via Steven Hansen
- The Consumer Price Index released this week shows core inflation running at 2.1% with the CPI-U at 2.5%.
- The GDP price index showed inflation at 2.8%.
- As inflation now is above the Fed target of 2.0% – what is next?
It does appear that inflation has finally reached the Federal Reserve target of 2%. The Fed has believed its actions should have caused this feat many years ago (as evidenced in the past FOMC meeting minutes). But the real question is where inflation is going from here.
By historical standards, 2% inflation is rather mild – but compared to the extremely low inflation since the Great Recession, 2% is a big deal. The San Francisco Fed writes there are two types of inflation:
Demand-pull inflation occurs when aggregate demand for goods and services in an economy rises more rapidly than an economy’s productive capacity…
Cost-push inflation, on the other hand, occurs when prices of production process inputs increase. Rapid wage increases or rising raw material prices are common causes of this type of inflation…
There is no evidence of demand-pull factors triggering inflation. Look at personal consumption expenditures.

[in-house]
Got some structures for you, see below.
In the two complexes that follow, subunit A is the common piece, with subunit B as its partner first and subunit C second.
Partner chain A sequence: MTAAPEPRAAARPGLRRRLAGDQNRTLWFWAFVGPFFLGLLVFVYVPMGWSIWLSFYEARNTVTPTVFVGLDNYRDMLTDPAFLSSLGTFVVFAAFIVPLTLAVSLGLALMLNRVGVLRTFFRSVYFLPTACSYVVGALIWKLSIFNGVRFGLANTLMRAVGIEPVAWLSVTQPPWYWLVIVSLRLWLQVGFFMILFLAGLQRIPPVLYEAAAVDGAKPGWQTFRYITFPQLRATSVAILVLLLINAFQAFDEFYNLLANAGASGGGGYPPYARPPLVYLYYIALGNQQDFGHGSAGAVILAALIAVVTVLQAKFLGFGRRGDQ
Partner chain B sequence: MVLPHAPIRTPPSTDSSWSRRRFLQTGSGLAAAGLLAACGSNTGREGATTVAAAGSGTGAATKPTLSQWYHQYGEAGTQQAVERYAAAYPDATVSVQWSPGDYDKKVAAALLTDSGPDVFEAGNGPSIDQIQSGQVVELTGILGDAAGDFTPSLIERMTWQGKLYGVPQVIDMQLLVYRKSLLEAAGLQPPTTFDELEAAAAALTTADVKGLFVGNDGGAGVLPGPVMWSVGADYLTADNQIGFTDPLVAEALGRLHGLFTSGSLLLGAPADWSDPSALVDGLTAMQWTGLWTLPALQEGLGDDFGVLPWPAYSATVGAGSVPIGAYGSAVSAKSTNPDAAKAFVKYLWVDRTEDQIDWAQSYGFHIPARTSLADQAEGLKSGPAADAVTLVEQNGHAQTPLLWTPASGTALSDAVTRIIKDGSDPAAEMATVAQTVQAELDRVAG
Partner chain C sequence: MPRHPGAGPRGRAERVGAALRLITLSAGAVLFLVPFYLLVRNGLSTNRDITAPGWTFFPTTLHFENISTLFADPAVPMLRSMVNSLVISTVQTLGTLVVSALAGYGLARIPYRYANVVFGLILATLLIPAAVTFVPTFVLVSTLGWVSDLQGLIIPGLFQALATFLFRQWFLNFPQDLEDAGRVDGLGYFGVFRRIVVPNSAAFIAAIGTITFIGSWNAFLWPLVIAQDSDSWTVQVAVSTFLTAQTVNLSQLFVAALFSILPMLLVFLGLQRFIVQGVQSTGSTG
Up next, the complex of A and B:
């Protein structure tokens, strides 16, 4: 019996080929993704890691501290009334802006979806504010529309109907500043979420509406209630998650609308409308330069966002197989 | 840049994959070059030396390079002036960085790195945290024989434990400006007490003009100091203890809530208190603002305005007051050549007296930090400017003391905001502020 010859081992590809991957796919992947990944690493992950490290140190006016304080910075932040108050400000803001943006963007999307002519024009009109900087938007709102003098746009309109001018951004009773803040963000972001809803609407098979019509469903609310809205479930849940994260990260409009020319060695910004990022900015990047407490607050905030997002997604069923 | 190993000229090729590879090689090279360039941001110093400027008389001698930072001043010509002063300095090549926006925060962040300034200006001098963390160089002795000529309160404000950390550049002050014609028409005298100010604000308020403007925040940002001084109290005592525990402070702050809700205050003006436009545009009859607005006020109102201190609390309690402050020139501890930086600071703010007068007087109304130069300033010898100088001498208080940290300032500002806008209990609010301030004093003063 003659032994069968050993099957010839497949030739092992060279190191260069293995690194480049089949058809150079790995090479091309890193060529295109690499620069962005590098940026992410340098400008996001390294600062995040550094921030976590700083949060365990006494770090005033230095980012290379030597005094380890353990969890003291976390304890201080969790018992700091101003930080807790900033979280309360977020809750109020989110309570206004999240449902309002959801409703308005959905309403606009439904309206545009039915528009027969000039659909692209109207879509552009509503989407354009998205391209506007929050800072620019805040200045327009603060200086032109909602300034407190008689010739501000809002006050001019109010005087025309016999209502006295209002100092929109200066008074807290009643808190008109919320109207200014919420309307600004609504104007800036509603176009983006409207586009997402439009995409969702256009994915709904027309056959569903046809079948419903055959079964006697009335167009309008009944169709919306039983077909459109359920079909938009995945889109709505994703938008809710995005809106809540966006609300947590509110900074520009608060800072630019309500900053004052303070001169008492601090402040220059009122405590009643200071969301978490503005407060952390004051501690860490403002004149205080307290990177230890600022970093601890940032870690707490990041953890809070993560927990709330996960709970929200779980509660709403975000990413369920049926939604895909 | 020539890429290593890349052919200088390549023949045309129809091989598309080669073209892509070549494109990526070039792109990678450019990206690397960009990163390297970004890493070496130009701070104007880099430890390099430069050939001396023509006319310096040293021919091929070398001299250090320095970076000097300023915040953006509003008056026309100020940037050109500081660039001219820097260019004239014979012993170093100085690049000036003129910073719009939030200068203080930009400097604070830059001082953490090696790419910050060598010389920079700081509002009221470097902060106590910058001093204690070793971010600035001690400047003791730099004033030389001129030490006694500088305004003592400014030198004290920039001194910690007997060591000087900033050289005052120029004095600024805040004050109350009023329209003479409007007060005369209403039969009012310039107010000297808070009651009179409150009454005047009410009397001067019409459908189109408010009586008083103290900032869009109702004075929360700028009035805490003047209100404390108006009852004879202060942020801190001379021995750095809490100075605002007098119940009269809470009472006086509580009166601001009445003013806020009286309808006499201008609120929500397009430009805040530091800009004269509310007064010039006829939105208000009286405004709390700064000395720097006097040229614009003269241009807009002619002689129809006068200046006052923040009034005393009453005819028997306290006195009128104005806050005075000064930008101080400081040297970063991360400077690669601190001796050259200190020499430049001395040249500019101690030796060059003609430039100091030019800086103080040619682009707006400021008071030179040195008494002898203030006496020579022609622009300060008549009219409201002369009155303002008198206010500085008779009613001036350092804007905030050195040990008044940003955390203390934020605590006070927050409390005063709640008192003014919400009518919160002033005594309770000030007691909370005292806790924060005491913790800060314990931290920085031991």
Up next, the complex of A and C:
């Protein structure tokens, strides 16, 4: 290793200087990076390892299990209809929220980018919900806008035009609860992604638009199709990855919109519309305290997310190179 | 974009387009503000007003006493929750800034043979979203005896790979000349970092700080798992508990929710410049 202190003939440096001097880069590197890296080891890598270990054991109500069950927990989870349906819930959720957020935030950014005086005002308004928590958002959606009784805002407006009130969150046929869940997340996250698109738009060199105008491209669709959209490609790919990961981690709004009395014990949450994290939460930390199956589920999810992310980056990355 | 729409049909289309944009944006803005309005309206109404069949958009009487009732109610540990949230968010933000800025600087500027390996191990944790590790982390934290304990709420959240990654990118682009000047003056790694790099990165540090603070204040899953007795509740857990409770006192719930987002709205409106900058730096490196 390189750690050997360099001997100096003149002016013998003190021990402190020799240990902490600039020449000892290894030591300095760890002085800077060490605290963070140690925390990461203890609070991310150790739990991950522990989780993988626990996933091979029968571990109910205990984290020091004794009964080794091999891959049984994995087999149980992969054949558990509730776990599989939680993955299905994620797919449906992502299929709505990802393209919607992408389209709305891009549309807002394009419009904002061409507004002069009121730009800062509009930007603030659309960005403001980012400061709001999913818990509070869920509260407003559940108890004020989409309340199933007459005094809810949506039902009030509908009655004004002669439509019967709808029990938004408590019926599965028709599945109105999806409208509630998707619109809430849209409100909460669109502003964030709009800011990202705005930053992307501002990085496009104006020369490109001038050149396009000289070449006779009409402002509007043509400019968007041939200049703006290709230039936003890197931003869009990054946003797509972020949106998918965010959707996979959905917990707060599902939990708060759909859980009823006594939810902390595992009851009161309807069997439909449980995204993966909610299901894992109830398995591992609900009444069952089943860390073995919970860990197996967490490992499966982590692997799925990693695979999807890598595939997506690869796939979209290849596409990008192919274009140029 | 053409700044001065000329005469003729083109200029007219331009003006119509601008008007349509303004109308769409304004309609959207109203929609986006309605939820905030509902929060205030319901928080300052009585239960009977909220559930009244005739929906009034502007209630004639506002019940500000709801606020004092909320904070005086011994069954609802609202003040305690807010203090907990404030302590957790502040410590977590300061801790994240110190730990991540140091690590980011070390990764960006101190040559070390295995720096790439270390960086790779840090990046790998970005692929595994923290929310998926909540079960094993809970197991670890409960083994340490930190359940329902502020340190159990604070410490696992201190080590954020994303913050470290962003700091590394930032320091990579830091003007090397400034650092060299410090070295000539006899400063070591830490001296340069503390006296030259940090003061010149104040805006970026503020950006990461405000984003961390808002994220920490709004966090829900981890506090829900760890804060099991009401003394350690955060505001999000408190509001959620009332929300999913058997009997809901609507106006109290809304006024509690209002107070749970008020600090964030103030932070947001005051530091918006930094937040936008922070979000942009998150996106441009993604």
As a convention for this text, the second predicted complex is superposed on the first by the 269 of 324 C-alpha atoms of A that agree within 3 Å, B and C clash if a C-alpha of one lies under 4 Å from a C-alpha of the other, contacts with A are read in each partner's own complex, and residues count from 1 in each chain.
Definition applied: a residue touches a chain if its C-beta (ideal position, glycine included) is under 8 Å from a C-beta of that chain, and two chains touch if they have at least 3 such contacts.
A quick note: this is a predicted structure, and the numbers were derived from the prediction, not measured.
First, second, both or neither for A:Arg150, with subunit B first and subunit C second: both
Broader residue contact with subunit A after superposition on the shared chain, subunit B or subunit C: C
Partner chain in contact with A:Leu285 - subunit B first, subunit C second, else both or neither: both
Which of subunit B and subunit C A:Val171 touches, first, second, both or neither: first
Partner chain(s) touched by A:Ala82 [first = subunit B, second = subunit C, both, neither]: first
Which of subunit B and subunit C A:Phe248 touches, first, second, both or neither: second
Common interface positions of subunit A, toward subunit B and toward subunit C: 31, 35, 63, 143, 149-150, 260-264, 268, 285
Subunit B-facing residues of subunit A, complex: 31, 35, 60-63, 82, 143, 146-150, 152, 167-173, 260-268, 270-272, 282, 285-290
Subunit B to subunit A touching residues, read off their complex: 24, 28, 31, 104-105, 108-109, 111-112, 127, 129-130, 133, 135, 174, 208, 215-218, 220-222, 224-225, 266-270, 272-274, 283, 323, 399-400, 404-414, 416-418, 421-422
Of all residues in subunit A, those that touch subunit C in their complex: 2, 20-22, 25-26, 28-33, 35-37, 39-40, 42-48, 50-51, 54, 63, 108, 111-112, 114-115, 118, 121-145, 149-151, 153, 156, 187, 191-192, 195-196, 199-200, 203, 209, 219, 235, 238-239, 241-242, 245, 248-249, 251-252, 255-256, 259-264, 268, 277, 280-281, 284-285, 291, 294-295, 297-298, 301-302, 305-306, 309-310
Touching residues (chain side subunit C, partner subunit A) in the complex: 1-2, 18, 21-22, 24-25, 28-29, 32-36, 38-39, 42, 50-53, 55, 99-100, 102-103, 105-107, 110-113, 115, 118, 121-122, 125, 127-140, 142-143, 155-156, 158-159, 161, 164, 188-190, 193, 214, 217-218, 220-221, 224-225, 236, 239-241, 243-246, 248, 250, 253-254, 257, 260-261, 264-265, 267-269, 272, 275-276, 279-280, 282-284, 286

There is no evidence:
- That the consumer’s appetite for goods and services (blue line on above chart) has accelerated over the last 3 years; or,
- that the rate of growth is any higher than other economic expansion cycles; or,
- that the relationship of consumer spending to GDP has significantly changed.
Eliminating demand-pull as the cause of inflation would mean that what is being experienced is cost-push inflation. There is little evidence that wages are driving a cost-push cycle even though wages are in a very modest upward trend.
But materials prices seem to be affecting inflation. From this week’s Producer Price Index:
The red line on the above chart (which shows the year-over-year commodity price growth) shows no real recent change in the rate of growth of commodity prices – BUT commodity price growth is running at nearly twice the rate of inflation for over the past year. At some point, the price increase of materials begins to affect prices. The outlook is for continued strength in commodity prices. From Bloomberg:
Less than three years into a recovery, commodities are gaining momentum vs. the decade-long rally in stocks. Favorable demand vs. supply and a multiyear price decline vs. bottoming equity-market volatility from the lowest in decades should continue to favor commodities … Despite a sharp recovery in the dollar, commodities’ divergent strength in April indicates their outperformance vs. equities and bonds should accelerate. The 2018 increase of about 3% through April vs. a flat S&P 500 may be just the beginning as the Bloomberg Commodity Spot Index plays catch-up with stocks.
One last point, there has been a commodity price spike leading into most recessions. Commodity price increases are usually the last hurrah in an economic or business cycle.